The dance field has to rethink arts journalism because of bloggers, limited space, the general indifference of publishers, audiences, and readers. Two things I saw in Germany (and in the past in other European countries) that are not manifested here in the U.S.: first is the deep role journalism plays on a local level. And second, an informed and enthusiastic audience base. That Forsythe concert took place way out in the boonies on a Thursday evening. Yet our tram was filled with concertgoers and made for a packed audience. But journalism still has a specific and important role to play nationally and internationally and, given the Internet, there might be a way to rejig the machinery to support the arts and its chroniclers.

As Weisz puts it, “International audiences definitely have a multi-generational view of the arts as part of their heritage and culture. As such, there is a much greater appreciation and interest in the arts.”

In sports, would people who don’t play golf or understand the strategies go to a tournament? There is tremendous internal knowledge about dance, but it is kept hidden. Why do people get so excited about seeing hip-hop dance, say, as in Rennie Harris’s work? Here, rather than familiarity breeding contempt, it breeds a comfort level – something audiences, especially, value.

There is also an issue of entertainment value. If I go out for an evening, I want to have a fine dinner with good friends and see a great show to talk about over drinks later. As one disgruntled audience member said while walking out of a show with me, “Too many dance performances are just dancer masturbation and far from entertaining. It can have intellectual value, but I still need to be entertained and engaged at some level. Most dance companies here don’t seem to understand that.”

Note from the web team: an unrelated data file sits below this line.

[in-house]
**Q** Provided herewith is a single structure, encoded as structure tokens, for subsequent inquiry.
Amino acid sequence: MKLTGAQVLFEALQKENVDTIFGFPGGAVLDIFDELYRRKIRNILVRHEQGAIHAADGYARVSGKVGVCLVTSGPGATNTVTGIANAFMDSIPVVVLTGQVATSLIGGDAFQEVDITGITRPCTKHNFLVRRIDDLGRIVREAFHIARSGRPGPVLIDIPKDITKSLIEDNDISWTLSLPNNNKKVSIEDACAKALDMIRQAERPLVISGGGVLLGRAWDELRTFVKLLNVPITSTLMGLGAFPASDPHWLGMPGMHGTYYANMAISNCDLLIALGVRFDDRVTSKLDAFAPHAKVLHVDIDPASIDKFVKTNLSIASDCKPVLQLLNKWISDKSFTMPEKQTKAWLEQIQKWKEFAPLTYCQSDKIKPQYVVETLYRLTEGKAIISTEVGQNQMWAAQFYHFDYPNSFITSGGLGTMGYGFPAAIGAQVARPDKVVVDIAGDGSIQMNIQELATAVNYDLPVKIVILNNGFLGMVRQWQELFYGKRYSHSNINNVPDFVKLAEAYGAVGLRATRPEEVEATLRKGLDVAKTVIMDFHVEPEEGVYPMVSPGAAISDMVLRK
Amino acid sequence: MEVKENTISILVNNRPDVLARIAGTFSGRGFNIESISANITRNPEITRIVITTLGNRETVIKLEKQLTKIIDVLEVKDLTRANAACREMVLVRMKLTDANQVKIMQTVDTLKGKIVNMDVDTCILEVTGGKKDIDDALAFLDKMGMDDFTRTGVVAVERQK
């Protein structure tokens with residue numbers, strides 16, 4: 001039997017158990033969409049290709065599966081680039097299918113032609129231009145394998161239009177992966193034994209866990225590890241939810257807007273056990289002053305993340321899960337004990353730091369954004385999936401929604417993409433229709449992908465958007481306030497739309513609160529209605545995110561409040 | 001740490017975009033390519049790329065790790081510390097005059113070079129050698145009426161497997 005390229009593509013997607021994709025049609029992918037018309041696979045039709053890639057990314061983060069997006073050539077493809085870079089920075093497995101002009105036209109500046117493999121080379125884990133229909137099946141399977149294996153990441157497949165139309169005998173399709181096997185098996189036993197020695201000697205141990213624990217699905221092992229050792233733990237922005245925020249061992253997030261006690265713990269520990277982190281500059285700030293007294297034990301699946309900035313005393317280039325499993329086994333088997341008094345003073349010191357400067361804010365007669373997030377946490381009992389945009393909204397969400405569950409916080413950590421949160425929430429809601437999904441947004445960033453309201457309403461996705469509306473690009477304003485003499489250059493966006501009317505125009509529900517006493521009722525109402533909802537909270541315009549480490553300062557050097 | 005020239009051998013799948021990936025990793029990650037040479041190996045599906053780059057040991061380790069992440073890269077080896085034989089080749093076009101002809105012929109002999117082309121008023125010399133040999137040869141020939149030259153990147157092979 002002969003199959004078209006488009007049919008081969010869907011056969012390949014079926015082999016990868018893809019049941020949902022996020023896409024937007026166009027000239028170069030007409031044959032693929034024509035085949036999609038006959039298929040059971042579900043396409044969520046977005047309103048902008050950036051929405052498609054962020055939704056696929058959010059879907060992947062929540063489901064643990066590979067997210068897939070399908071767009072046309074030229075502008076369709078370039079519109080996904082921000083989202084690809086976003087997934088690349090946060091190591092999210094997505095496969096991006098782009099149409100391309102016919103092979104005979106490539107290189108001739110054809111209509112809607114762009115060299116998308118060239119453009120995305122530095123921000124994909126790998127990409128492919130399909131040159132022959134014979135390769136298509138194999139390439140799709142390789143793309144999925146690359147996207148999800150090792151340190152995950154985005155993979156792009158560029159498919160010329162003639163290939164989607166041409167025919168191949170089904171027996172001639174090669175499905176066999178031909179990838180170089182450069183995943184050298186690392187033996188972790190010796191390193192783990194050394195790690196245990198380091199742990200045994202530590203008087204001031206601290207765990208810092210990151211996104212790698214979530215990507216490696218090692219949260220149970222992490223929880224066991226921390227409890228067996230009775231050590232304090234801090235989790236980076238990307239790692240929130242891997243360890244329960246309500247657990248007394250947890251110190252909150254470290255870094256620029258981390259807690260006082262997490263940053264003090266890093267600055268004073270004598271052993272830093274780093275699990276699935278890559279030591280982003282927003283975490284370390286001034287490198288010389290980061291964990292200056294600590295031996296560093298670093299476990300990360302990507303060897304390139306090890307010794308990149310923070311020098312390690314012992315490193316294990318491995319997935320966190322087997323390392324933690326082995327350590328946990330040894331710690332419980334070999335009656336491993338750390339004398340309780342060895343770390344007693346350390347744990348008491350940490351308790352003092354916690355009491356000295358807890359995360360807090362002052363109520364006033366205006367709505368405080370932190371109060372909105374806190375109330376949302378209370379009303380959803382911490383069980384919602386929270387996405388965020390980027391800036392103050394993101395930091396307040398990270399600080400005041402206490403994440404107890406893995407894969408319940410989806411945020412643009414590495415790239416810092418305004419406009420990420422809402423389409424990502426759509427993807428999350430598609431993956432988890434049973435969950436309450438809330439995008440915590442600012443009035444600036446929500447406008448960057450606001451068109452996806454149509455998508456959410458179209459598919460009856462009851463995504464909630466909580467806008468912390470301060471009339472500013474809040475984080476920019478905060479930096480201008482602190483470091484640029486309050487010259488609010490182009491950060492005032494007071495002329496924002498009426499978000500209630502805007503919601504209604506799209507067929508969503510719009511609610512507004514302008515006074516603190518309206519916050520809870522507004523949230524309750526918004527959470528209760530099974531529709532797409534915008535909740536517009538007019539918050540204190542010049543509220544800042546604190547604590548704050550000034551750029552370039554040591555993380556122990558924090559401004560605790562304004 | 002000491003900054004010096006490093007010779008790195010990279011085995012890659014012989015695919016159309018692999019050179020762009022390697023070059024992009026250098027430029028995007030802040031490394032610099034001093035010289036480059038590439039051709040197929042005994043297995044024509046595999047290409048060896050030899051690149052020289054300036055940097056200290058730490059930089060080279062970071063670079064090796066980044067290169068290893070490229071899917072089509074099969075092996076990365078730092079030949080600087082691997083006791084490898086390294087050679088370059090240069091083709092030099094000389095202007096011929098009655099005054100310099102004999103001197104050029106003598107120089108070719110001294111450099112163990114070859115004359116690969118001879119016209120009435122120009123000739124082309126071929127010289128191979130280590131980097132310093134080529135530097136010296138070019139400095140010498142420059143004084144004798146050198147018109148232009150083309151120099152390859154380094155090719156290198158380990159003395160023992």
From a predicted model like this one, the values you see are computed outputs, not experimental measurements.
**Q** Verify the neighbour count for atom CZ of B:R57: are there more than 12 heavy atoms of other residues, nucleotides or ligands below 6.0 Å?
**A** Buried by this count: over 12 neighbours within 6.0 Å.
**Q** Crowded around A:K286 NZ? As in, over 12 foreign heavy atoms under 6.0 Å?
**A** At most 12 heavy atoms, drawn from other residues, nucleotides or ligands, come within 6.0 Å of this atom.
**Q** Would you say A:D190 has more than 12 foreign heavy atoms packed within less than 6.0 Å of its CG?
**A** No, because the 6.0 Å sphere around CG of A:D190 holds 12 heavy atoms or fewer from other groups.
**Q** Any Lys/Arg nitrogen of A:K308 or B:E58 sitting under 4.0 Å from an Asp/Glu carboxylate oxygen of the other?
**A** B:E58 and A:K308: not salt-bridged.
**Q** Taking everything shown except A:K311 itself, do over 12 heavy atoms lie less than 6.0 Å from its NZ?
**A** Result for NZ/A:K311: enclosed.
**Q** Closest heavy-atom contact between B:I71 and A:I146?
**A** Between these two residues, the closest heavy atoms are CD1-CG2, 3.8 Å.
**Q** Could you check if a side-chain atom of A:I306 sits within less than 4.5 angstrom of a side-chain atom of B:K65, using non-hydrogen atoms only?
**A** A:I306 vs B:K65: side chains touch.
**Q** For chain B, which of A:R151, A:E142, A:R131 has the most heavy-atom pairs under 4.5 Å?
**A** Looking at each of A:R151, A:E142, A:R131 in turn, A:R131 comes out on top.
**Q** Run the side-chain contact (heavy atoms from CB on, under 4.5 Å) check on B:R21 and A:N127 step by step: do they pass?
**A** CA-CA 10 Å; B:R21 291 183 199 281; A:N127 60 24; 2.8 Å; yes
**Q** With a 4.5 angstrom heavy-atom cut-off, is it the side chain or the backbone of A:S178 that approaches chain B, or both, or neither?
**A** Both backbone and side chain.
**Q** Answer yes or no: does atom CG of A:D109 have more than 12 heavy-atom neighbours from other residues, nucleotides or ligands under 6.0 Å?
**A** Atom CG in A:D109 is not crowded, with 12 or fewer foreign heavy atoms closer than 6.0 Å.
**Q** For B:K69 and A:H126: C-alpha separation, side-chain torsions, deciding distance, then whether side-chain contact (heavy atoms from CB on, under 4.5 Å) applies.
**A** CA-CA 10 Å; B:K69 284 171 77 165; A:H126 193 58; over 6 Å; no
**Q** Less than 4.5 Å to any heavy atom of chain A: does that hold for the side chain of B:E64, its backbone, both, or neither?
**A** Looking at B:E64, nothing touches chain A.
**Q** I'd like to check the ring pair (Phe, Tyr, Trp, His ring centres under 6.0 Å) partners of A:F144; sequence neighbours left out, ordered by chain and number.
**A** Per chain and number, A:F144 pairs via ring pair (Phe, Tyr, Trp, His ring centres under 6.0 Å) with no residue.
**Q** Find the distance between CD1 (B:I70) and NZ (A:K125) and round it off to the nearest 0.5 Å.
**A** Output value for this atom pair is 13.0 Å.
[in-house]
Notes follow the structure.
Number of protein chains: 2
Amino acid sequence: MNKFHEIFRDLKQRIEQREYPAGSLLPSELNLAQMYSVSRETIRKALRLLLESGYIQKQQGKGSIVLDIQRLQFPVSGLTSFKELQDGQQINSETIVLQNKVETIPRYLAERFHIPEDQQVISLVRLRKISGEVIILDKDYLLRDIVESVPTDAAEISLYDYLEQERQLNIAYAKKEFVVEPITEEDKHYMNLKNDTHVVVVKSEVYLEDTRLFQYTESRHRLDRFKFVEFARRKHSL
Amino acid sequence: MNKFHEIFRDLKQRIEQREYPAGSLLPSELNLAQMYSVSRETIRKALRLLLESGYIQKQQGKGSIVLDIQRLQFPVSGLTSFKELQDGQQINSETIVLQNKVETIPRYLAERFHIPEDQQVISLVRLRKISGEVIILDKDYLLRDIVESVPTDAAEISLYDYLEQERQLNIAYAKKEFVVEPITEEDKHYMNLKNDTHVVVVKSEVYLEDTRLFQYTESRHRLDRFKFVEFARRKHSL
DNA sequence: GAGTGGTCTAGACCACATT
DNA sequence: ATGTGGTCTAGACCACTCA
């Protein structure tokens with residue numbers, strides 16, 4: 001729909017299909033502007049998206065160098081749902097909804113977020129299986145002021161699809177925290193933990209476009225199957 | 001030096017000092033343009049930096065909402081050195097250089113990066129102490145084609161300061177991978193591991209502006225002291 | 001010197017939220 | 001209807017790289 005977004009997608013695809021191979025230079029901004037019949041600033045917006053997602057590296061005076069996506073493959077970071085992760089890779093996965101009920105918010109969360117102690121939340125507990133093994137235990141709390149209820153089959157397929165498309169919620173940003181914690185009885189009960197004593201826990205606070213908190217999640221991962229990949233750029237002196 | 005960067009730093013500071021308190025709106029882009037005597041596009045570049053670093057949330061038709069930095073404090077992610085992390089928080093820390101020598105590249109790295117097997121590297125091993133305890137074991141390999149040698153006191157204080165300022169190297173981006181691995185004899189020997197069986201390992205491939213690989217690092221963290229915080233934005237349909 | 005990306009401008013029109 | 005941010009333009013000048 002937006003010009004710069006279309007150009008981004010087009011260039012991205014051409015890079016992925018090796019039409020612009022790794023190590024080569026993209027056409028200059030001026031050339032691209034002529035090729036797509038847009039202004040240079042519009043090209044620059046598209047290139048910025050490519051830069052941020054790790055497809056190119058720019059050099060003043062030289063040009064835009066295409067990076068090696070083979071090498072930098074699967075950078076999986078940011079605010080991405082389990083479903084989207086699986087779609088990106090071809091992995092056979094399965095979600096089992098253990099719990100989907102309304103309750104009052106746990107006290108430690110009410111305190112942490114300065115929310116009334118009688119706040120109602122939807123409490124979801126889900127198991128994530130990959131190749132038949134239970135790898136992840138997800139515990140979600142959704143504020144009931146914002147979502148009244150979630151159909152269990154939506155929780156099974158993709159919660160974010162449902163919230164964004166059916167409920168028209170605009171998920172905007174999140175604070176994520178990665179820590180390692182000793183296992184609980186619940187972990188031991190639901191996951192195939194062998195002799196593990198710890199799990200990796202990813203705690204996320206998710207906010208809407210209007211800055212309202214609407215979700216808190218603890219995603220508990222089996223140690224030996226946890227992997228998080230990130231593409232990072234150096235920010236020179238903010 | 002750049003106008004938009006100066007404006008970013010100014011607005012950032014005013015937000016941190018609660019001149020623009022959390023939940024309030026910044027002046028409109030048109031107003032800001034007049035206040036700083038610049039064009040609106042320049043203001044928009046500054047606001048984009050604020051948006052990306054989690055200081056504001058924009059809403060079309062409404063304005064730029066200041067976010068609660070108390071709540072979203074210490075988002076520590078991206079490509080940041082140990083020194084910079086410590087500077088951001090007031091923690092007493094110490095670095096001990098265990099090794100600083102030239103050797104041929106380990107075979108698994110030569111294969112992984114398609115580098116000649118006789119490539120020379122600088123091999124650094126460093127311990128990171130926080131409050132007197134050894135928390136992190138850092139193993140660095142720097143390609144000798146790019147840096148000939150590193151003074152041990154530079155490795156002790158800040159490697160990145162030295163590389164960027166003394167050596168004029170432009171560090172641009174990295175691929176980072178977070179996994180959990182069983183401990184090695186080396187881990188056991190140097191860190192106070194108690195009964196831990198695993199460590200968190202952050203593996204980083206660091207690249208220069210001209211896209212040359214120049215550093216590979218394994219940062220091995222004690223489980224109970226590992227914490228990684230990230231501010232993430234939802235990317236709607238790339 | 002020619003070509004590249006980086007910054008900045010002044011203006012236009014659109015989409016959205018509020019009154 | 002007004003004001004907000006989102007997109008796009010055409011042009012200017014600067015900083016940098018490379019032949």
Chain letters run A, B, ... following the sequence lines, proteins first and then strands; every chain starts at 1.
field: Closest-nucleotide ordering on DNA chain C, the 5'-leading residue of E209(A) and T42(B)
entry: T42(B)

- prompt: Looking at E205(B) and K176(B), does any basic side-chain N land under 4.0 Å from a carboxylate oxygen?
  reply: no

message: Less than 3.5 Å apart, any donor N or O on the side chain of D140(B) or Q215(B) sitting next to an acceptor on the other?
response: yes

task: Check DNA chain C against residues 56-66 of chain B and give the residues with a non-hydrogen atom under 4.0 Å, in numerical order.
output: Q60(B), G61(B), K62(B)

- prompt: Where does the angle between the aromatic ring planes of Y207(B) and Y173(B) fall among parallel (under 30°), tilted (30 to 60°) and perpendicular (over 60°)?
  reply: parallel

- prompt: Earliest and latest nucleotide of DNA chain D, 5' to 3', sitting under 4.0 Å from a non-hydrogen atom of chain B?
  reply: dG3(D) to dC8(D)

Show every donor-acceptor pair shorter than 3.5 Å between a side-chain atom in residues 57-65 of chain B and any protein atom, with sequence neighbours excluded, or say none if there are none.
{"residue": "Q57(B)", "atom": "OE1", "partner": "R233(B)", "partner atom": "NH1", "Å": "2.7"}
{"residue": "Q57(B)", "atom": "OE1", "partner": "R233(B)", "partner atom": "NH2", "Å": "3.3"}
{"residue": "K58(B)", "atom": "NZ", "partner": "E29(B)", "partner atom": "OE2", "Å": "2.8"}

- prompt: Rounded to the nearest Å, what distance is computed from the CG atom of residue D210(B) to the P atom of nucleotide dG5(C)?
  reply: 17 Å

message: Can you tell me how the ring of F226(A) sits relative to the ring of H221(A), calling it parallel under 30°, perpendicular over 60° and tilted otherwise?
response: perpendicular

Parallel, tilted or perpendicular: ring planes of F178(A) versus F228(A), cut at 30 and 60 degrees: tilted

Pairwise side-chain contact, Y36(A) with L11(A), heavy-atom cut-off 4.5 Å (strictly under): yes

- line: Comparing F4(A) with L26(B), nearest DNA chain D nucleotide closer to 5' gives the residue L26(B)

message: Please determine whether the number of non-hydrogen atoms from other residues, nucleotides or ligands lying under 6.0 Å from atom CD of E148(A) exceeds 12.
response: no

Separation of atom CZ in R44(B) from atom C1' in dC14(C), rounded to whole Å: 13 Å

Newspapers and new media outlets must commit to providing as much back story for the arts as readers and audiences need. Newspapers need to provide more assets to their print publications, such as links to video and more photos. New media needs to refine its content, using writers with institutional memory, knowledge of the field, and good research skills, who can contextualize and chronicle as well as critique. A disconnect remains between the old school newspaper critics and the new school online writers and bloggers that does breed contempt for each other; instead, though, we need to be reconnected. In short, we need to create a symbiosis between experts who can provide experience and meaningful content and Internet experts who can provide exciting frameworks and delivery systems for it.